By Georgiana Francisco | Correspondent
As the choir led in the singing of “Gather Us In” in Corpus Christi Church, Willingboro, students from the town’s Pope John Paul II Regional School carried brilliantly colored world flags in procession at the start of the Oct. 22 diocesan Mass celebrating World Mission Sunday.
The students were dressed just as colorfully in clothing representing cultures from around the world, including Japan, China, African nations and Norway, while the parish cantor, wearing a feather in her hair, was resplendent in a Native American ensemble of buckskin with fringe.
Photo Gallery: World Mission Sunday in Willingboro
World Mission Sunday, created by Pope Pius Xii in 1926, is the day the Church throughout the world publicly renews its commitment to the missionary movement.
In his homily, Father Daison J. Areepparampil, parochial vicar in St. Mary Parish, Bordentown, told parishioners that, “as we celebrate World Mission Sunday, it is important for us to remember that every one of us is called individually by God to formulate and create a mission in life.”
Quoting Pope John Paul II, he said it is essential for the faithful to understand that as Jesus was a missionary, so, too, must all proclaim his message throughout the world.
“We have to do our part to fulfill a mission to do something for Christ and the Church as Christ’s soldiers by taking our message to the four corners of the world,” Father Areepparampil said.
Father Peter James Alindogan, diocesan Office of Missions director, who was principal celebrant of the Mass, praised the parish for its work with missions and asked all in attendance to pray for missionaries all over the world.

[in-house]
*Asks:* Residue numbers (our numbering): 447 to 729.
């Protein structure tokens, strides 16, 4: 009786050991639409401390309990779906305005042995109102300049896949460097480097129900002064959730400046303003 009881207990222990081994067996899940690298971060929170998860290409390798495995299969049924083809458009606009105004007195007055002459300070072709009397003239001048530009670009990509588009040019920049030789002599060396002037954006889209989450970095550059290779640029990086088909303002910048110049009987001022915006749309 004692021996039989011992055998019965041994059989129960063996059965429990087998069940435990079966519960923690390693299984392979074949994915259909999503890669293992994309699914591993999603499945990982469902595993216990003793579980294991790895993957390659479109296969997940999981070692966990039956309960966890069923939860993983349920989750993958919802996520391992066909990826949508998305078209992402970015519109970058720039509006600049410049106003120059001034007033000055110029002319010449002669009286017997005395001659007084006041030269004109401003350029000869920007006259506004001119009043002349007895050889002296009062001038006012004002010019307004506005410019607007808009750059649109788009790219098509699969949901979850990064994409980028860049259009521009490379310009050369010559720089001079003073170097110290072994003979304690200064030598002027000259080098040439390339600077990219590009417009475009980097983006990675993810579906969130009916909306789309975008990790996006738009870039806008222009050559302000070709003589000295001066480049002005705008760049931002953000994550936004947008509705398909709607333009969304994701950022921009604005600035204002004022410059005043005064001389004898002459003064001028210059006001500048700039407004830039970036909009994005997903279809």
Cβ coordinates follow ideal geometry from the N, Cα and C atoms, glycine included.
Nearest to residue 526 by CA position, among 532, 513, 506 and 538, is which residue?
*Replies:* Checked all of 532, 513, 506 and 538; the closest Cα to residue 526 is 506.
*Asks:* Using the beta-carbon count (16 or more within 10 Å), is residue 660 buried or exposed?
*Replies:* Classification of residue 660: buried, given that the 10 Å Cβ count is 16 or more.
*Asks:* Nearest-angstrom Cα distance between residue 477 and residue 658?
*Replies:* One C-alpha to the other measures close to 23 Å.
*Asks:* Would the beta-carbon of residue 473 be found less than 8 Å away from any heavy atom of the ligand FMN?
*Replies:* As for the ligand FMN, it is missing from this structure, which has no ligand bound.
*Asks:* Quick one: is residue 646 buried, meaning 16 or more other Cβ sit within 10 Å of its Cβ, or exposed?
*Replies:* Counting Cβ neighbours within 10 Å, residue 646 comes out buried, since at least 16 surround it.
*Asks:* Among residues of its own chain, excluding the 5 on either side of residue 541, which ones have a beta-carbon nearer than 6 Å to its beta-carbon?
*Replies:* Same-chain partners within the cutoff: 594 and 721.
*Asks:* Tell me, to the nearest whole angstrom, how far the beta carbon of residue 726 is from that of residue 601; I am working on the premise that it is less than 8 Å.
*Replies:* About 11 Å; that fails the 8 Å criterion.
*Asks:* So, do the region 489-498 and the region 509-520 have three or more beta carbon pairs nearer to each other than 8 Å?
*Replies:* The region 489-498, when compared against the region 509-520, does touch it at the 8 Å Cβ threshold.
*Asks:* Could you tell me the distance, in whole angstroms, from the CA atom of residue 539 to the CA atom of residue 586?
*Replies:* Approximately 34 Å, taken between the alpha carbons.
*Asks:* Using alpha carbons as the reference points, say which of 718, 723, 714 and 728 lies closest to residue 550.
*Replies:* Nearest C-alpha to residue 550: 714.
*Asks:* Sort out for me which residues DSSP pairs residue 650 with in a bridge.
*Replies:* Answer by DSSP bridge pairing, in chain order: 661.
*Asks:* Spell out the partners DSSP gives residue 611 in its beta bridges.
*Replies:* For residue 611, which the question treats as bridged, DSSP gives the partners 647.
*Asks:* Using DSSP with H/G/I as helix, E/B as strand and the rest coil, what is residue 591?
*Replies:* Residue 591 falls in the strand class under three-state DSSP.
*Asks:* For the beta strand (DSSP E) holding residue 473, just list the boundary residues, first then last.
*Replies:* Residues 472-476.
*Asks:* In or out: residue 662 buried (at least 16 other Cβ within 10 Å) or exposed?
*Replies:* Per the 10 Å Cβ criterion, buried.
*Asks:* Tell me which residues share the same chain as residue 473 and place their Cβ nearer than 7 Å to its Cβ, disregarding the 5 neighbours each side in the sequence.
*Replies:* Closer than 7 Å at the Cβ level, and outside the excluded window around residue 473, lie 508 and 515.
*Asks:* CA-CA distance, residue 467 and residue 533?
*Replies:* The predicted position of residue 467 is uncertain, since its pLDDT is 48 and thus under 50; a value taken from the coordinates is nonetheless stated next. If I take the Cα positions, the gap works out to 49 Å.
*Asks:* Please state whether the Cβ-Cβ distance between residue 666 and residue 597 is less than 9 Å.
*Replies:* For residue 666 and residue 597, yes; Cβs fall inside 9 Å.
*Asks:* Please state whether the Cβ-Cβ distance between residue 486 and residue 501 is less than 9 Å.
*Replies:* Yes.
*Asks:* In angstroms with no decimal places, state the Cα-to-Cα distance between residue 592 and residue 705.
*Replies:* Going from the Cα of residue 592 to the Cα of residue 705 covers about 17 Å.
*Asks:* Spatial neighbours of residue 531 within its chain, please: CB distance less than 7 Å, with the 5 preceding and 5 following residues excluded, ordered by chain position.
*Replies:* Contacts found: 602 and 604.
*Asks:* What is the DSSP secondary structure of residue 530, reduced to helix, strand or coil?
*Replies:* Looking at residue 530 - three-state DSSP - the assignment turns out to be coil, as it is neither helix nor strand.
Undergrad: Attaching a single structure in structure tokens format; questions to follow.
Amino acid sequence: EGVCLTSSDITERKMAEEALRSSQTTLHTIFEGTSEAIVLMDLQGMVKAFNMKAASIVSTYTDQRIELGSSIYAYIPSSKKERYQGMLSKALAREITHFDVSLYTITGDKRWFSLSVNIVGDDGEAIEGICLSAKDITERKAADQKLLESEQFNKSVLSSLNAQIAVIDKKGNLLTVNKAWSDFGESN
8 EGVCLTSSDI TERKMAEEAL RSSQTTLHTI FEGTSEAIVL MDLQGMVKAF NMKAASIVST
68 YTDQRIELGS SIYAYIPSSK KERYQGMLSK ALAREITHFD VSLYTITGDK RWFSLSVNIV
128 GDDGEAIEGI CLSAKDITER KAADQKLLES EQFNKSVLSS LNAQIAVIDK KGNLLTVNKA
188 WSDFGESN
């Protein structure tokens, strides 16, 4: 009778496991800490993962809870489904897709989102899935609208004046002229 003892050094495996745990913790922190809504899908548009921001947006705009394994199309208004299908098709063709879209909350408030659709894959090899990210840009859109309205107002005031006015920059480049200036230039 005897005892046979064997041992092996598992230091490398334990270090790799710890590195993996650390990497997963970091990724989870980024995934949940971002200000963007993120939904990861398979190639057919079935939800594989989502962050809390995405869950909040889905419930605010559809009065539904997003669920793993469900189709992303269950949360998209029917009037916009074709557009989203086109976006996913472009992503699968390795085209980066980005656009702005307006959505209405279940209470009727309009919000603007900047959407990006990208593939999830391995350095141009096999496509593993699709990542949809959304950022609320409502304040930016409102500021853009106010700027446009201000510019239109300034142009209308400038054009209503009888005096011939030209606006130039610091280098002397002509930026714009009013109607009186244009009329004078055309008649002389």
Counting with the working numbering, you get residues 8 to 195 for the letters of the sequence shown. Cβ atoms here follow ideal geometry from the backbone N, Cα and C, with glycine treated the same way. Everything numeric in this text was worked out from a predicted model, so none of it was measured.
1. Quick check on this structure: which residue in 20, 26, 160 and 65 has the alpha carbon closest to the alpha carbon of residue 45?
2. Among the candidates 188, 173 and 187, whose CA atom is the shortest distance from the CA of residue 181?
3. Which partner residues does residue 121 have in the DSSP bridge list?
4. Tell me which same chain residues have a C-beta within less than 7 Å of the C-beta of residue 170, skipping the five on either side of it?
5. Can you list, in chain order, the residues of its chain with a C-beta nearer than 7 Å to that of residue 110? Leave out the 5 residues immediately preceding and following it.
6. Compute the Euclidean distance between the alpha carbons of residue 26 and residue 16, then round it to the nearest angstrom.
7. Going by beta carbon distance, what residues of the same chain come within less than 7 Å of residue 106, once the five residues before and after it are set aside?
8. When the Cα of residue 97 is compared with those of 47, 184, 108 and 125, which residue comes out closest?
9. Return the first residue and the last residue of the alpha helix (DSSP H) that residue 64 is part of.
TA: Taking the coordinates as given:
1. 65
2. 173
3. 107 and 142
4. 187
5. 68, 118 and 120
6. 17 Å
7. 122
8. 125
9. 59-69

“Remember, that whatever we do, we are missionaries, even in our own homes when we share our faith with our families, our children and our grandchildren, and when we share what we have in our hearts, that’s being a missionary, that’s following what Jesus said, before he ascended to the father, the last words in Matthew, ‘Go forward and spread the Good News.’ And whenever we do that, we are missionaries,” he said.
Parishioner Marty Derois said she believes in helping the poor and gives as much as possible to the St. Vincent de Paul Society, adding she was “very grateful that we are celebrating World Mission Sunday here at my church and doing as much as we can not only for world missions, but also for the people here in Willingboro.”
In a message issued for World Mission Sunday, Bishop David M. O’Connell, C.M., had asked the faithful of the Diocese for “full support, through prayer and sacrifice” during the collections of World Mission Sunday.
“The collection…is unique,” he wrote. “It is truly a global effort for the entire Church. It is a central moment each year to provide for the building up of over 1,000 local churches in Asia and Africa, the Pacific Islands, and parts of Latin America and Europe, an area that covers more than half the territory of the globe.”